Hemisphere:  Southern  ·  Constellation: Ophiuchus (Oph)
M14 Globular Cluster, 



    
        

            AlBroxton
M14 Globular Cluster
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M14 Globular Cluster

Equipment

Imaging Telescopes Or Lenses
Celestron C11 Celestron
Imaging Cameras
40D Canon
Mounts
CGEM Celestron
Accessories
6.3 reducer Celestron
Software
photoshop · Deep Sky Stacker · Noel's Tools · 5.00 Images Plus
Guiding Cameras
Orion Star Shooter

Acquisition details

Dates:
May 24, 2011
Frames:
20x60" (20') ISO1600
Integration:
20'
Avg. Moon age:
21.88 days
Avg. Moon phase:
52.80%
Bortle Dark-Sky Scale:
5.00

Basic astrometry details

Astrometry.net job: 3565556

RA center: 17h37m37s.9

DEC center: -03°1149

Pixel scale: 2.593 arcsec/pixel

Orientation: 81.677 degrees

Field radius: 0.387 degrees

Resolution: 900x585

Locations: Leesburg home, Leesburg , Florida, United States

Data source: Backyard

Description

Messier 14 (also known as M14 or NGC 6402) is a globular cluster in the constellation Ophiuchus. It was discovered by Charles Messier in 1764. At a distance of about 30,000 light-years, M14 contains several hundreds of thousands of stars. At an apparent magnitude +7.6 it can be easily observed with binoculars. Medium-sized telescopes will show some hint of the individual stars of which the brightest is of magnitude +14. The total luminosity of M14 is in the order of 400,000 times that of the Sun corresponding to an absolute magnitude of -9.12. The shape of the cluster is decidedly elongated. M14 is about 100 light-years across.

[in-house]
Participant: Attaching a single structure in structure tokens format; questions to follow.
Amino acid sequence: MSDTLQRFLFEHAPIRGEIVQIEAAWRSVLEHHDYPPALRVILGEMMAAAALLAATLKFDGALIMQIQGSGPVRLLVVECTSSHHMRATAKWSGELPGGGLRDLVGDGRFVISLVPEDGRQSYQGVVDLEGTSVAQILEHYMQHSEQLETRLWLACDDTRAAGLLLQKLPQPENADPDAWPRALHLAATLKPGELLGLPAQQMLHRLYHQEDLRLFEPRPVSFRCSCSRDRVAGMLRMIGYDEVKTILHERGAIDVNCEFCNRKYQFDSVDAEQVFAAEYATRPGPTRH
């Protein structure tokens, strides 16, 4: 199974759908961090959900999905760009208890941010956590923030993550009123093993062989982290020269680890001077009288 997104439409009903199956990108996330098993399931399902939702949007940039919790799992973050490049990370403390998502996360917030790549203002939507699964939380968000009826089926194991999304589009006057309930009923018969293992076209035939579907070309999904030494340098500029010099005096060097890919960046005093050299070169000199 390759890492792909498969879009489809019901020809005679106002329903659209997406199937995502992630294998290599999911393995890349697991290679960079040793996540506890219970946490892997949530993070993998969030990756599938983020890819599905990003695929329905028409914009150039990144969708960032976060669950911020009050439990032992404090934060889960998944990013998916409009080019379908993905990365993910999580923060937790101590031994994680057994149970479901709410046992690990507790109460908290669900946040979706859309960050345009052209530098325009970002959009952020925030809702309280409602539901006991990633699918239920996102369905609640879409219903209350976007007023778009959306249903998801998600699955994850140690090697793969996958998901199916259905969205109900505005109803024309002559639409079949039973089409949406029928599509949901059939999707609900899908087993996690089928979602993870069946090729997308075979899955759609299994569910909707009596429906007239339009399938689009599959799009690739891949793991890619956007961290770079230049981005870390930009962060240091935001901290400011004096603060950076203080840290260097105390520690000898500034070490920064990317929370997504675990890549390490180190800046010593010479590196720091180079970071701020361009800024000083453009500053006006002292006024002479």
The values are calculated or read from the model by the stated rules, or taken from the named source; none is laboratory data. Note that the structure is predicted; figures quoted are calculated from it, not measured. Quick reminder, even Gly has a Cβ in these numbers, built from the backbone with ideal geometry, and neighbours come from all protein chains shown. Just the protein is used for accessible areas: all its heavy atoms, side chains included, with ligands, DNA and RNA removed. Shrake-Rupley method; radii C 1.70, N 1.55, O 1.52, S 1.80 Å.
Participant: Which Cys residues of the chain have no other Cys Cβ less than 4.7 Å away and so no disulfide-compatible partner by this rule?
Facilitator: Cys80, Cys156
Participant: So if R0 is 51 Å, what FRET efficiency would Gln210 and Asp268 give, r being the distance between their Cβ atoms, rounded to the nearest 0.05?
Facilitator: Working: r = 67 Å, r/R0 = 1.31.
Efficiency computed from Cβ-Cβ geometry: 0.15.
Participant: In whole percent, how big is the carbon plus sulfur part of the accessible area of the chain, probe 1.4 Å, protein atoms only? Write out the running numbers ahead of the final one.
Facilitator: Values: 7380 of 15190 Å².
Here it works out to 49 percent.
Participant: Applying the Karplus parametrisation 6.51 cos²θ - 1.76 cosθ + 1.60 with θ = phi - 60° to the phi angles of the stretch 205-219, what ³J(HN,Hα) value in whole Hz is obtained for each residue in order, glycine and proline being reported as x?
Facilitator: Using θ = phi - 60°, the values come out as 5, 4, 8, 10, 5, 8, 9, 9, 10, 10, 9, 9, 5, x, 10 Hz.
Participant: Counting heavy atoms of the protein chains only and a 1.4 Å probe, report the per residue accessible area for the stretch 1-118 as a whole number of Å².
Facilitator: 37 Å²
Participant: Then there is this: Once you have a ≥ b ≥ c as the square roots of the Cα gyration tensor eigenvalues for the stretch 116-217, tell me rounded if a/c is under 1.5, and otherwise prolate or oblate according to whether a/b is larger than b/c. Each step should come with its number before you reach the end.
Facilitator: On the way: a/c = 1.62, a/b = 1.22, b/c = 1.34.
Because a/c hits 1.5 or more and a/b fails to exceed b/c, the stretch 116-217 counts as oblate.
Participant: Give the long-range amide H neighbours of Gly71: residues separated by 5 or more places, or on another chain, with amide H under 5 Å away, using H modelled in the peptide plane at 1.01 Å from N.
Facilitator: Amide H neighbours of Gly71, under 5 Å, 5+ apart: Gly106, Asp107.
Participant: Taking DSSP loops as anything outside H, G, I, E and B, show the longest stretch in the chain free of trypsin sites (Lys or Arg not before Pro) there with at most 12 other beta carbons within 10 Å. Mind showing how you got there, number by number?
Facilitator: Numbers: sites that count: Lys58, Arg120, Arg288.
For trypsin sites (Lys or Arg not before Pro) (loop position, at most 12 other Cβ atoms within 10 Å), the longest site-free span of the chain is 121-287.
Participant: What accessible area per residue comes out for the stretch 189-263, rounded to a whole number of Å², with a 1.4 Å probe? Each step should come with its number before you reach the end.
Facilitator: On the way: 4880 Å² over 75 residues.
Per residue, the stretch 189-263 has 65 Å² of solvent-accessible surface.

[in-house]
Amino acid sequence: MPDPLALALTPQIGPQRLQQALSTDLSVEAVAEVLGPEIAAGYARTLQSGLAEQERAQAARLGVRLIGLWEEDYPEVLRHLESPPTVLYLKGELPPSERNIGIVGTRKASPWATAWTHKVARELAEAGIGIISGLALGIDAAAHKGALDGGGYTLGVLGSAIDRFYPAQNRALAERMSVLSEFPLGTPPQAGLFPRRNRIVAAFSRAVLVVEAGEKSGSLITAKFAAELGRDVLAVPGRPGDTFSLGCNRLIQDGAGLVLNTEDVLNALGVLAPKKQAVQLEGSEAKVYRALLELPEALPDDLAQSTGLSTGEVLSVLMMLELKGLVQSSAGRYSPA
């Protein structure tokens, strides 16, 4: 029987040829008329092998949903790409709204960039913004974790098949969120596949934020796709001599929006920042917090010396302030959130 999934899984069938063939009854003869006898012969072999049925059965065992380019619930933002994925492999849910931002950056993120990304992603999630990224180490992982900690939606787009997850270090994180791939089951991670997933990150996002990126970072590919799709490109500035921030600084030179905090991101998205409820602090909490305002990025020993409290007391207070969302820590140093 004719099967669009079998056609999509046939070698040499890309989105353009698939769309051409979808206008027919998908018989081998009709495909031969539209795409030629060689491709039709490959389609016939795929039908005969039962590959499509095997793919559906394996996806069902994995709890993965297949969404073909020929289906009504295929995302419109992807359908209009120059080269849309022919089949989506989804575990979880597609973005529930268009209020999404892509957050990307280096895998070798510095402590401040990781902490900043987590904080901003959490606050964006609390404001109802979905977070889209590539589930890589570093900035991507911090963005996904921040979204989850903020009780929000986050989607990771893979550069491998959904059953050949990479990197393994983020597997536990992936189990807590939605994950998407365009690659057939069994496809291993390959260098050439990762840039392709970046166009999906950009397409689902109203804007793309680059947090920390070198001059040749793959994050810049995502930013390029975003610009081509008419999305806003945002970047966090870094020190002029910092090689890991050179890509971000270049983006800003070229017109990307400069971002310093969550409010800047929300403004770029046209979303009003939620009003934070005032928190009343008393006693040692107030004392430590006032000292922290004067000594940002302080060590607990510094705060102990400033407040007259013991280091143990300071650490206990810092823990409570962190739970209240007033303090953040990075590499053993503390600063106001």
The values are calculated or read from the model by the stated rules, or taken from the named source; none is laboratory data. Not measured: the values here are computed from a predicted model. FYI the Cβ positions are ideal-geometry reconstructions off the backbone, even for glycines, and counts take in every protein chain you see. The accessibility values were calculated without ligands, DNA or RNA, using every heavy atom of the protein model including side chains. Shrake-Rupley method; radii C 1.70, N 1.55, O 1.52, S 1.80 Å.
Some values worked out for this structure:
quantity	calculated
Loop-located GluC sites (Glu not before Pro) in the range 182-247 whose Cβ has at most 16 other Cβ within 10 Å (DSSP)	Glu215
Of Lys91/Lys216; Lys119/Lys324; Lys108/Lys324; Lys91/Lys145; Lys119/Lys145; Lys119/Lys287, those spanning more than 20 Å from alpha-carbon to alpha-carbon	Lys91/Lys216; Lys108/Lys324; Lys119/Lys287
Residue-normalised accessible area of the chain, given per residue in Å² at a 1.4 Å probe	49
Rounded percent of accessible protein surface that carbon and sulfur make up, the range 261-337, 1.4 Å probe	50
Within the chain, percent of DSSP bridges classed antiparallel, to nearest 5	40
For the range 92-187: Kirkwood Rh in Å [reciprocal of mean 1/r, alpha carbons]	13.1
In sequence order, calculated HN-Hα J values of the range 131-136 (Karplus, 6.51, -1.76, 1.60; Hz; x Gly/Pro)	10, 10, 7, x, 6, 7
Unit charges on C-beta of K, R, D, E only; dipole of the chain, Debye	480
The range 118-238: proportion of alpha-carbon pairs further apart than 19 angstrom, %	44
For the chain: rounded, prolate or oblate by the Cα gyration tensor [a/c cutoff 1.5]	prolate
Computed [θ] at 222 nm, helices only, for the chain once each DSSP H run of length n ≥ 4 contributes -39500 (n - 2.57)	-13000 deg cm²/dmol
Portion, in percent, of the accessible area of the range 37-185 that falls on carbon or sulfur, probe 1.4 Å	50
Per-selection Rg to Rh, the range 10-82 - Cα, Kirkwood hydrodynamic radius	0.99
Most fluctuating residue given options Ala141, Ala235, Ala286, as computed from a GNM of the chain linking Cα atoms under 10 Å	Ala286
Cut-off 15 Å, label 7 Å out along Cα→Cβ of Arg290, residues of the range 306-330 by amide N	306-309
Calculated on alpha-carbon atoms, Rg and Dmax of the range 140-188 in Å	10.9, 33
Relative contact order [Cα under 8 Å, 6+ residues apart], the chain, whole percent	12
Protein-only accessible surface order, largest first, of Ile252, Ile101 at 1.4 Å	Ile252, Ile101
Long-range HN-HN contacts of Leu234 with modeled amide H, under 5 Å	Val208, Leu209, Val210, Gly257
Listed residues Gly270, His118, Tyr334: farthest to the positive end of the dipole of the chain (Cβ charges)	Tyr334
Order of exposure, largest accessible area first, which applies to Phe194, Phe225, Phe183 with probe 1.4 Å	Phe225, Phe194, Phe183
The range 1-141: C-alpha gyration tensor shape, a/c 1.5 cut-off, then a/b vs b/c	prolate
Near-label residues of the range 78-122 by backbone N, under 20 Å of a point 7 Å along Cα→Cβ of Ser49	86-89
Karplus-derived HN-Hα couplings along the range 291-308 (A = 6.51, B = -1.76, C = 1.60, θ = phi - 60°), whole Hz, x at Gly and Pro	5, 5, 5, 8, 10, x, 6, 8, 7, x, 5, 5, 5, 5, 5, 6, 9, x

Comments

Revisions

  • M14 Globular Cluster, 



    
        

            AlBroxton
    Original
  • Final
    M14 Globular Cluster, 



    
        

            AlBroxton
    B

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M14 Globular Cluster, 



    
        

            AlBroxton